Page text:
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In this April 28, 2011 photo, a customer holds an iPhone at the Apple store on New York's Upper West Side.

The new iPhone rumored to be hitting this fall will employ a new screen technology that embeds the touch function into the screen itself, as opposed to the current method, which involves putting a “touch layer” over an LCD screen, the Wall Street Journal reports. The result: a screen that’s thinner (perhaps shaving half-a-millimeter off the current 9.3mm-thick iPhone), and better-looking at the same time. Sharp, LG Display, and newcomer Japan Display are all mass-producing these “in-cell” screens for the iPhone.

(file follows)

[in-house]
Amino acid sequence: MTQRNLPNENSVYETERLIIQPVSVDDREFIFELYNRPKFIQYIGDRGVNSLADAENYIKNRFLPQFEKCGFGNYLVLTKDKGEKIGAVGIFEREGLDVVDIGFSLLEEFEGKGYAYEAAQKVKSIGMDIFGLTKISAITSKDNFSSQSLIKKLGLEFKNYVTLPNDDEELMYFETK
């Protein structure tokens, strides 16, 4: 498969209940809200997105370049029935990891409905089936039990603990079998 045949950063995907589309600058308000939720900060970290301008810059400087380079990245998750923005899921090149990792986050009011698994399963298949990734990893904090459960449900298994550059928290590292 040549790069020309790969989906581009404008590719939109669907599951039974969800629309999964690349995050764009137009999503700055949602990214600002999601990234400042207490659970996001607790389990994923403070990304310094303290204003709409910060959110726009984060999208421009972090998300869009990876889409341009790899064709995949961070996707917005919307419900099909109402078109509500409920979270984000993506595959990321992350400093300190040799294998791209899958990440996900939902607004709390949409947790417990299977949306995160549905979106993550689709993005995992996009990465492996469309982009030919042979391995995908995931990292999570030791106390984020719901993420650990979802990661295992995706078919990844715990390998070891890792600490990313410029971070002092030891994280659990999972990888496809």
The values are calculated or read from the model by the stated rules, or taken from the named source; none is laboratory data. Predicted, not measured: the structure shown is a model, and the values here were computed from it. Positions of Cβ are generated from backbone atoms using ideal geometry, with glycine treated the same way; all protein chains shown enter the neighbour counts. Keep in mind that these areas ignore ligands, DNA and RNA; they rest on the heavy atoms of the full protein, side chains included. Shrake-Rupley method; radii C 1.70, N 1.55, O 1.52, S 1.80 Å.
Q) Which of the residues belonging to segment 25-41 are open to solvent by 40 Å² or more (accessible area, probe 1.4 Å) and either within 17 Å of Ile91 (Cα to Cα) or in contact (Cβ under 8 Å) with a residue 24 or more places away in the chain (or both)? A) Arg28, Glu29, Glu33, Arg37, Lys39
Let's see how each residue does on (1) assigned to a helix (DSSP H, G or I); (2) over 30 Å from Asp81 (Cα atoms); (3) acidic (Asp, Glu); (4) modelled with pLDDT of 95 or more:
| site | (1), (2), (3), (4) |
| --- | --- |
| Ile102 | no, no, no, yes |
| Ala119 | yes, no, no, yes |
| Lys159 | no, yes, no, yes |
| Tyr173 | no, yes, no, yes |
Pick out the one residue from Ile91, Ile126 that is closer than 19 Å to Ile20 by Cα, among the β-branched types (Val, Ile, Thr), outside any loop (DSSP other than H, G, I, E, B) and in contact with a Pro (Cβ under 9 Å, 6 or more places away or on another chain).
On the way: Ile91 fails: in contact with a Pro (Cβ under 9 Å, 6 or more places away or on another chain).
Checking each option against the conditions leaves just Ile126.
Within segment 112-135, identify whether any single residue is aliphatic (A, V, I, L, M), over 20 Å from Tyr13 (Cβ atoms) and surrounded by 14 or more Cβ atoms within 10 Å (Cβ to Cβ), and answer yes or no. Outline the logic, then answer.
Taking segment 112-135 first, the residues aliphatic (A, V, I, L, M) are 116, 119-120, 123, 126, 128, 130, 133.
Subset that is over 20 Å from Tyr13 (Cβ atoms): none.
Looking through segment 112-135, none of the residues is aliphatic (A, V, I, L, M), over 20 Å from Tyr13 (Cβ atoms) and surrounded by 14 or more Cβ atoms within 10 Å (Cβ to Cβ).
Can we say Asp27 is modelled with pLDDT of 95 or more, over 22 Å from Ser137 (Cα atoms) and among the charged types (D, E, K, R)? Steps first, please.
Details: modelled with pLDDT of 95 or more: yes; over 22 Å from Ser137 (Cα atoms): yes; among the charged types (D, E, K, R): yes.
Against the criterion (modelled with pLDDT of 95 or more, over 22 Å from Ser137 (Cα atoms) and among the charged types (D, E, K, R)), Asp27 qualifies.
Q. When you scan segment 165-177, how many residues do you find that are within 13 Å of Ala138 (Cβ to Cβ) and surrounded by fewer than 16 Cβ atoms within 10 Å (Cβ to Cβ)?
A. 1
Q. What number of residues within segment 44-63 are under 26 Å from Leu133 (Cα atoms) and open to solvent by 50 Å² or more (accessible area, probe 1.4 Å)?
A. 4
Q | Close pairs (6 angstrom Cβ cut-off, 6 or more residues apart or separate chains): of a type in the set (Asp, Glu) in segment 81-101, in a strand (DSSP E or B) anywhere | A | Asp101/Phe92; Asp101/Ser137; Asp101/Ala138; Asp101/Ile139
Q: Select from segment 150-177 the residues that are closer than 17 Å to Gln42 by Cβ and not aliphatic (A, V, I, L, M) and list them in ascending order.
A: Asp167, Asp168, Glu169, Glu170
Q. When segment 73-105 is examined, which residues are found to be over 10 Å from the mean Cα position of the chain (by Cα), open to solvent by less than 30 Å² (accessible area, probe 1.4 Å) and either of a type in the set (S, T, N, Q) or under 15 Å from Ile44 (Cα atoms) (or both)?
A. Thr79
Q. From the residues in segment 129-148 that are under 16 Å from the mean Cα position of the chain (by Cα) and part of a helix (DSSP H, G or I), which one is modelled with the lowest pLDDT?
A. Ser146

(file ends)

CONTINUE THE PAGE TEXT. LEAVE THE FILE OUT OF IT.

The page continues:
The screen could be important, because sources are murmuring that the new iPhone will boast a larger screen area; the thinner screen could offset the weight increase inherent in such an up-sizing. It’ll also help Apple compete with Samsung’s OLED screens, which don’t require backlighting. But it’s bad news for conventional screenmakers. The two companies that built the touch layer for the iPhone 4S have gotten no new orders from Apple, say sources.